If you adopt a consistent workflow and always convert into and create new files in the same color space, you’ll encounter these dialog boxes infrequently. You’ll quickly find you won’t have to think about it any more. And when you do, you’ll simply take appropriate action with confidence when you need to, confident that the images you’re creating are the very best that can be created.
Remember, color management isn’t about ensuring that color doesn’t change, it’s about ensuring it changes as little as possible and is changed as precisely as possible.
Read more in my color management ebooks.
View more in my color management DVD.
Learn more in my digital photography and digital printing workshops.

20 Questions With Photographer Chris Orwig

Chris Orwig provides quick candid answers to 20 questions.
What’s the best thing about photography?
Life is short and time moves too fast. Yet, photography has provided me with the way to try to stop, slow and savor moments that otherwise would have been lost. Even more, good photographs seem to be a concentration of life, a distillation like evaporated sea water where only the salt remains. And photography has become a means and a passport to get out into the world and to live life with more focus, intensity and passion. In a sense, what’s best about photography is that it has saved me. It’s saved me from myself and helped me to focus on others and on the grand mystery of life. And in doing so, photography has given me a new way to see and live.
What’s the thing that interests you most about photography?
The idea that the camera can help you dig more deeply, see more clearly and live life more fully.
What’s the thing that interests you most about your own photographs?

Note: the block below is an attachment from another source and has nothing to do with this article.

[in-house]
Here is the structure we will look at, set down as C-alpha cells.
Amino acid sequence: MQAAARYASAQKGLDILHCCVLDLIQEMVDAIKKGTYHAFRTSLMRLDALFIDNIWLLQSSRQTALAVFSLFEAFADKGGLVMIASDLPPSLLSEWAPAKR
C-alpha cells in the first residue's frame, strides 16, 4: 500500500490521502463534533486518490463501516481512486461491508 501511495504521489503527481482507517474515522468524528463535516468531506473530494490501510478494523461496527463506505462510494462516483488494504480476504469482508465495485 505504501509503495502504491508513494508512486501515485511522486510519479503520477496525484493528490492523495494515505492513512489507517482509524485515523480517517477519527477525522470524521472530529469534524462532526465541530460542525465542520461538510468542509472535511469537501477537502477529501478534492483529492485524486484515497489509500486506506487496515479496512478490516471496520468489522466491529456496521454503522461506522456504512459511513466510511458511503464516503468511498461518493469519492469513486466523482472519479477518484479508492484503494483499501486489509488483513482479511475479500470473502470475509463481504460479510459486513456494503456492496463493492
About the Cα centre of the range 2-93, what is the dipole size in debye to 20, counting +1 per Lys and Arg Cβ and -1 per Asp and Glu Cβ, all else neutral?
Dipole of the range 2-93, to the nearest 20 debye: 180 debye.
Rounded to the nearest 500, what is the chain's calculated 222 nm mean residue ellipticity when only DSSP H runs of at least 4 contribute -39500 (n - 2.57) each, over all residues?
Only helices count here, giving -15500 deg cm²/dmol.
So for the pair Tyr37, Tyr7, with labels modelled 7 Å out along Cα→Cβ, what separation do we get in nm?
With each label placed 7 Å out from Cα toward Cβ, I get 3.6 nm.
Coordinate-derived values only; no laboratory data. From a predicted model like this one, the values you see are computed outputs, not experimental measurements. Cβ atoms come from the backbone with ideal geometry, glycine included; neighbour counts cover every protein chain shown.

In my own photographs I am always struck by the autobiographical nature of them. In a sense, I can look at a photograph and remember who I was when I took it and how I changed because of it. And collectively, these photographs help me appreciate, remember and make sense of my own life story.
How do you know when an image doesn’t work?
When an image is too obvious, too straightforward or too cliché I know that it isn’t going to work. Often, it’s these images that first catch my eye, yet the eye can easily be deceived. As one of my mentors once said, “Learning how to look and then look again, is as important as learning how to capture a frame.”
How do you know when an image is good?
I’m interested in capturing photographs that are authentic, alive and real. I like pictures that don’t feel staged but get beneath the surface of things. I like pictures that are simple, strong and can’t quite be placed in a particular time. What makes one of these photographs good is when I still feel it has these qualities a number of weeks after the fact. An image is good when it stands the test of time.
How do you know when an image is great?
An image is great when it can’t quite be explained. Rather than being “clear” these images have a poetic element of mystery that draws you in and deepens who you are and how you see the world. These images are timeless, they captivate and compel.
What’s the most useful photographic mantra?
As Marc Riboud said, “Photography is savoring life at 1/100th of second.”
Read more of this Q&A with Chris here.
Find a collection of Chris’ favorite quotes here.
Browse Chris books Visual Poetry and People Pictures here.
Watch Chris’ TEDx video here.
Find out more about Chris Orwig here.

Creative Sharpening – Control Halo & Line Separately